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    RVO Risk: CVD and Hypertension

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    Retinal vein occlusion (RVO) is associated with increased risks for stroke, myocardial infarction (MI), and other cardiovascular events, conferring levels of risk beyond traditional factors, a meta-analysis of 15 longitu­dinal cohort studies has concluded.1

    Meanwhile, a separate meta-analysis has found that hypertension doubles the risk of RVO, making it the strongest risk factor for development of an occluded retinal vein.2

    CVD in general. Researchers in New York and Ha­waii evaluated observational data on 474,466 subjects, 60,069 of whom (12.7%) had RVO. The results showed that the patients with RVO were at greater risk of cardiovascular disease (CVD) and all-cause mortality than their healthy counterparts. Specifically, they had a 45% increased risk of stroke, 26% increased risk of MI, 53% increased risk of heart failure, 26% increased risk of peripheral arterial disease, and 36% increased risk of all-cause mortality.1

    The added risks were statistically significant despite adjustment for confounding factors such as age, gender, hypertension, diabetes, and other medical comorbidities, said coauthor Avnish Deobhakta, MD, at the New York Eye and Ear Infirmary of Mount Sinai in New York City.

    Previous case series and longitudinal cohort studies that examined the association of RVO with stroke or MI produced inconsistent conclusions, Dr. Deobhakta said. He said he believes the current study settles the issue. “I think the evidence is pretty compelling that RVO is a sentinel event for cardiovascular risks,” Dr. Deobhakta said. “I look at it now as a canary in the coal mine for these other systemic kinds of morbidity-inducing or even life-threatening health risks.”

    Hypertension in particular. Researchers in the United Kingdom and China assessed the impact of nine risk fac­tors on the development of any type of RVO. Hyperten­sion proved to be the strongest risk factor, followed by heart attack history, stroke history, and elevated levels of total cholesterol and creatinine.2

    Overall, the researchers estimated, the global preva­lence of any type of RVO was 0.77% in 2015, equivalent to 23.38 million cases of branch RVO and 6.7 million cases of CRVO. That was up from 16.4 million total cases worldwide of any type of RVO in 2008.

    Urgent issue. Once RVO is diagnosed, Dr. Deobhakta suggested, the ophthalmologist should consider urgent­ly referring the patient to a primary care physician for intensive medical management of the person’s cardio­vascular risks—and, possibly, should add a strong recommendation for prompt evaluation and follow-up by a cardiologist or neurologist.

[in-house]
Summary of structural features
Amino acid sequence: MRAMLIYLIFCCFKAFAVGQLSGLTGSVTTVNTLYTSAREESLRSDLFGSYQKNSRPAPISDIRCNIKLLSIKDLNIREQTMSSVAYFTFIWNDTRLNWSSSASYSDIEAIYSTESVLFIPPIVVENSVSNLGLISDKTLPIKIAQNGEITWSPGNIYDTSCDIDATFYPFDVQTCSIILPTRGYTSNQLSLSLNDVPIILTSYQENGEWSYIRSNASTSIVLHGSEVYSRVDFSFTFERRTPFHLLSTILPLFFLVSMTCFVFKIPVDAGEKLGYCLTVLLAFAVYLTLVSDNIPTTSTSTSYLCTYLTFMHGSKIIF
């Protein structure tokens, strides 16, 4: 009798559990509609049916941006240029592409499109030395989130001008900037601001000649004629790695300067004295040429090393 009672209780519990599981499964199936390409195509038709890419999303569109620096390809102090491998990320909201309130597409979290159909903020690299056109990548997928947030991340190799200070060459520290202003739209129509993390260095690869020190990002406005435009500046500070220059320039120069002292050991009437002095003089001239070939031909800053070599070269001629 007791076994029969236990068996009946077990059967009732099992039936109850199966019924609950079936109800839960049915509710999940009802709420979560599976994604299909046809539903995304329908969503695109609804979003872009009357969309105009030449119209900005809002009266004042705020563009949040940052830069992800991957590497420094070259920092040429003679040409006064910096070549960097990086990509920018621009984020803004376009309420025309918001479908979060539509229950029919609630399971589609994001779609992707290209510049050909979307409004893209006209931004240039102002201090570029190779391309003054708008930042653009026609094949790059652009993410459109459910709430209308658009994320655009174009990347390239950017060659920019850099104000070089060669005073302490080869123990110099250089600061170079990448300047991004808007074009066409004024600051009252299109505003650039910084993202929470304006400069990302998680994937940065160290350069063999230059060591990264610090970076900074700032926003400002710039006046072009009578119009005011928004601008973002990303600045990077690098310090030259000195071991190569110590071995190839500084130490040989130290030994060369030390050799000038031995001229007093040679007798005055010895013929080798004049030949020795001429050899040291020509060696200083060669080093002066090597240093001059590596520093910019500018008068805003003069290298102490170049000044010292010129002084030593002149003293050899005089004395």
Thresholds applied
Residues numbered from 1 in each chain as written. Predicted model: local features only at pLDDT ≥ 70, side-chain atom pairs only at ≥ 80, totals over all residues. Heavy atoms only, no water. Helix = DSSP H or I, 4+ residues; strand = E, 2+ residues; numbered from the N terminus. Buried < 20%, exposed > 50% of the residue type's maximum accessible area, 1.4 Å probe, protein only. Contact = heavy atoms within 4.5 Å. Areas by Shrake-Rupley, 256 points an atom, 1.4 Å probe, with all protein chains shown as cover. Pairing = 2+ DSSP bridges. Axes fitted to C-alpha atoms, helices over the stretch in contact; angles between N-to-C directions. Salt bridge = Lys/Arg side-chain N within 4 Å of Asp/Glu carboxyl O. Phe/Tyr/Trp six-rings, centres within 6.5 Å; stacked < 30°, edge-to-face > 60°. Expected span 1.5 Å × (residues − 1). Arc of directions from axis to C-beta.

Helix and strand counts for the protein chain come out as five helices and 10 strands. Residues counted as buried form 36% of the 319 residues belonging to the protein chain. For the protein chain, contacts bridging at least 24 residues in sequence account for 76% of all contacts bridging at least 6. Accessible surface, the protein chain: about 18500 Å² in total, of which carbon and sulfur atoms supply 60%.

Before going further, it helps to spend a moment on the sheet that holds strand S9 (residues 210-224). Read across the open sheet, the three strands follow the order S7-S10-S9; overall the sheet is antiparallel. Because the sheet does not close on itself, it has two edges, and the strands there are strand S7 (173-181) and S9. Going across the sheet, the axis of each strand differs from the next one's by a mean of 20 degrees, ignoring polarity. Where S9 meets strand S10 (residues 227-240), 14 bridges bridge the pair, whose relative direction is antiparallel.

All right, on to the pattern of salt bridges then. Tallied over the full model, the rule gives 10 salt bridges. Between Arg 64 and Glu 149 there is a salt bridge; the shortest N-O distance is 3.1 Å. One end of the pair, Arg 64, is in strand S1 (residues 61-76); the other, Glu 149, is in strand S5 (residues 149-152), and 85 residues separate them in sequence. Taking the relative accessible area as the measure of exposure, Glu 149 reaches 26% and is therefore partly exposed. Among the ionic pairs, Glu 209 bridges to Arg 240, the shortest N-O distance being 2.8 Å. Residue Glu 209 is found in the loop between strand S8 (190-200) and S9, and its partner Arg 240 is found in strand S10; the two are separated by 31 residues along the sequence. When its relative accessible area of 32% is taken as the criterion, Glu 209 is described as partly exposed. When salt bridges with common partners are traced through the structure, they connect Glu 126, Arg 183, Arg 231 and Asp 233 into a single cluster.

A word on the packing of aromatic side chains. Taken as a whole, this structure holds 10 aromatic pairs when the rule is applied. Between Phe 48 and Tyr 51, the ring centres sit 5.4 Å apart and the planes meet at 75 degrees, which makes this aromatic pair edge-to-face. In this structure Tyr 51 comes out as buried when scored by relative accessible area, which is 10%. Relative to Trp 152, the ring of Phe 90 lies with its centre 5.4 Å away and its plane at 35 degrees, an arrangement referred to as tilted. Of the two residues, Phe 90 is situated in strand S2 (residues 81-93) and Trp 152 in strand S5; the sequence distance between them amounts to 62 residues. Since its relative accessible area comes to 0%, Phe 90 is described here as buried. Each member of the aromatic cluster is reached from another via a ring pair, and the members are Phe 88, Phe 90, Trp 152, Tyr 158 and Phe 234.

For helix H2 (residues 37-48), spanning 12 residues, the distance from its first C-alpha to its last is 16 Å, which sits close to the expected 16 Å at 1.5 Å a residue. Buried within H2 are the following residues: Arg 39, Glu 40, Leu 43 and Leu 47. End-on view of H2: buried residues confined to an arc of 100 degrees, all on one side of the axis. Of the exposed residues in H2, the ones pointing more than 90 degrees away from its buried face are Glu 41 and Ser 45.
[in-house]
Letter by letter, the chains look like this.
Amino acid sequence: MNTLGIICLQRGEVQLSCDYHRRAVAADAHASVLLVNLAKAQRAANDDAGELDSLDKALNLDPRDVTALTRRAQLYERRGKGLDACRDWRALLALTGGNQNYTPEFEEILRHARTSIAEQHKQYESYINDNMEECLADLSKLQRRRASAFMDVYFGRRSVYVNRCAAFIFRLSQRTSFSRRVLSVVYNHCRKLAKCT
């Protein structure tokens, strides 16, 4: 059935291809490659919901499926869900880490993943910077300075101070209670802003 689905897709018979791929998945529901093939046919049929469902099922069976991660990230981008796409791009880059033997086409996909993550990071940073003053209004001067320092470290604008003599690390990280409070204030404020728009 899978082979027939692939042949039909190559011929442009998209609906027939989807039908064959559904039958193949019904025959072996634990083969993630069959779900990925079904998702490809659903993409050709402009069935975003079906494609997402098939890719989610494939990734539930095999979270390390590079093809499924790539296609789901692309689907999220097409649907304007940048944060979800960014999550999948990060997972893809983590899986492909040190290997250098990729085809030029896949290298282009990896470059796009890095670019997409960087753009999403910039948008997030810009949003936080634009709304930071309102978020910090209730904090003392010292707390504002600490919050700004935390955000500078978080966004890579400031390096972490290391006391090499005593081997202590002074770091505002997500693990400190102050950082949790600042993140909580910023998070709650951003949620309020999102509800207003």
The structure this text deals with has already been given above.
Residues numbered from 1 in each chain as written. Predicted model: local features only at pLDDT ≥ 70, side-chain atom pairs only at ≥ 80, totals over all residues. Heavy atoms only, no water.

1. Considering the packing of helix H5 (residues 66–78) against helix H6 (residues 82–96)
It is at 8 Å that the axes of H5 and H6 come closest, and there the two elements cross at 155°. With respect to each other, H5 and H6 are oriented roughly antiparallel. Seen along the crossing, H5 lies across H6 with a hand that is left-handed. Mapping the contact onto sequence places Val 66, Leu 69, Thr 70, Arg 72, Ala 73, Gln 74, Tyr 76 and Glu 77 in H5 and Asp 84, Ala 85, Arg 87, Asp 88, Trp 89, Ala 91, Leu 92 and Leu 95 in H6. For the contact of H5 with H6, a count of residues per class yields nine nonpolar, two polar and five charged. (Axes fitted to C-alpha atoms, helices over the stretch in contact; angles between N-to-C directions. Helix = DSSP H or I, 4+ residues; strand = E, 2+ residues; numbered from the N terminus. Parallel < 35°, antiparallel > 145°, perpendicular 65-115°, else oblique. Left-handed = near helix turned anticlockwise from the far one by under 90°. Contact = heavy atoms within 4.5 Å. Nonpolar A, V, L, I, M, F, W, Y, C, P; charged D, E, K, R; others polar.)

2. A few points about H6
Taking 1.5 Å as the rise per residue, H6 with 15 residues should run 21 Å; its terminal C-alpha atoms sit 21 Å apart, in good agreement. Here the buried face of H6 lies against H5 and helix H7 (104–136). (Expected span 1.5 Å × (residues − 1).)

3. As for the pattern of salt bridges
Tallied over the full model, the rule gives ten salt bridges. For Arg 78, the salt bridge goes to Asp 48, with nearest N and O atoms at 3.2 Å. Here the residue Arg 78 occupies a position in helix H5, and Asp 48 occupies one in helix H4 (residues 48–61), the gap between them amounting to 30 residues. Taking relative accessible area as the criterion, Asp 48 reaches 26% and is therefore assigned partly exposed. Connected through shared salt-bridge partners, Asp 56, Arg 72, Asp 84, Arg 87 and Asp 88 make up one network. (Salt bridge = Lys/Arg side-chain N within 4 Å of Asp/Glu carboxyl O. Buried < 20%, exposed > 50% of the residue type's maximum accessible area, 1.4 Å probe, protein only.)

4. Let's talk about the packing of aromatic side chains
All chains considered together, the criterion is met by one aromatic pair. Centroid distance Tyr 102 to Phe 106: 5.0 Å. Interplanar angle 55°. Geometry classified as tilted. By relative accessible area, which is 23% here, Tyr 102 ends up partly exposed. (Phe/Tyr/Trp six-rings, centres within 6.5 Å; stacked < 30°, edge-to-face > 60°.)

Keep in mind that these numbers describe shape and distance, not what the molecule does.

“A retinal vein occlusion, by definition, is when a really small vessel in the eye is blocked or there’s some kind of patholo­gy with it. Well, if a really small vessel in the eye is showing that it can be affected in this way, then other vessels can have that kind of problem” as well, Dr. Deobhak­ta said. “And if we can prevent a stroke or other cardiovascular complication by sending these patients to the right specialists, or getting the right imaging tests, then that would be recommend­ed.”

    —Linda Roach


    1 Wu CY et al. Retina. 2019;39(9):1635-1645.

    2 Song P et al. J Glob Health. 2019;9(1):010427.


    Relevant financial disclosures—Dr. Deobhakta: Alimera Sciences: C; Allergan: C

    For full disclosures and the disclosure key, see below.

    Full Financial Disclosures

    Dr. Deobhakta Alimera Sciences: C; Allergan: C.

    Dr. Etminan None.

    Dr. Friedlander None.

    Dr. VanderBeek NEI/NIH: S; Paul and Evanina MacKall Foundation: S; Research to Prevent Blindness: S.

    Disclosure Category



    Consultant/Advisor C Consultant fee, paid advisory boards, or fees for attending a meeting.
    Employee E Employed by a commercial company.
    Speakers bureau L Lecture fees or honoraria, travel fees or reimbursements when speaking at the invitation of a commercial company.
    Equity owner O Equity ownership/stock options in publicly or privately traded firms, excluding mutual funds.
    Patents/Royalty P Patents and/or royalties for intellectual property.
    Grant support S Grant support or other financial support to the investigator from all sources, including research support from government agencies (e.g., NIH), foundations, device manufacturers, and/or pharmaceutical companies.


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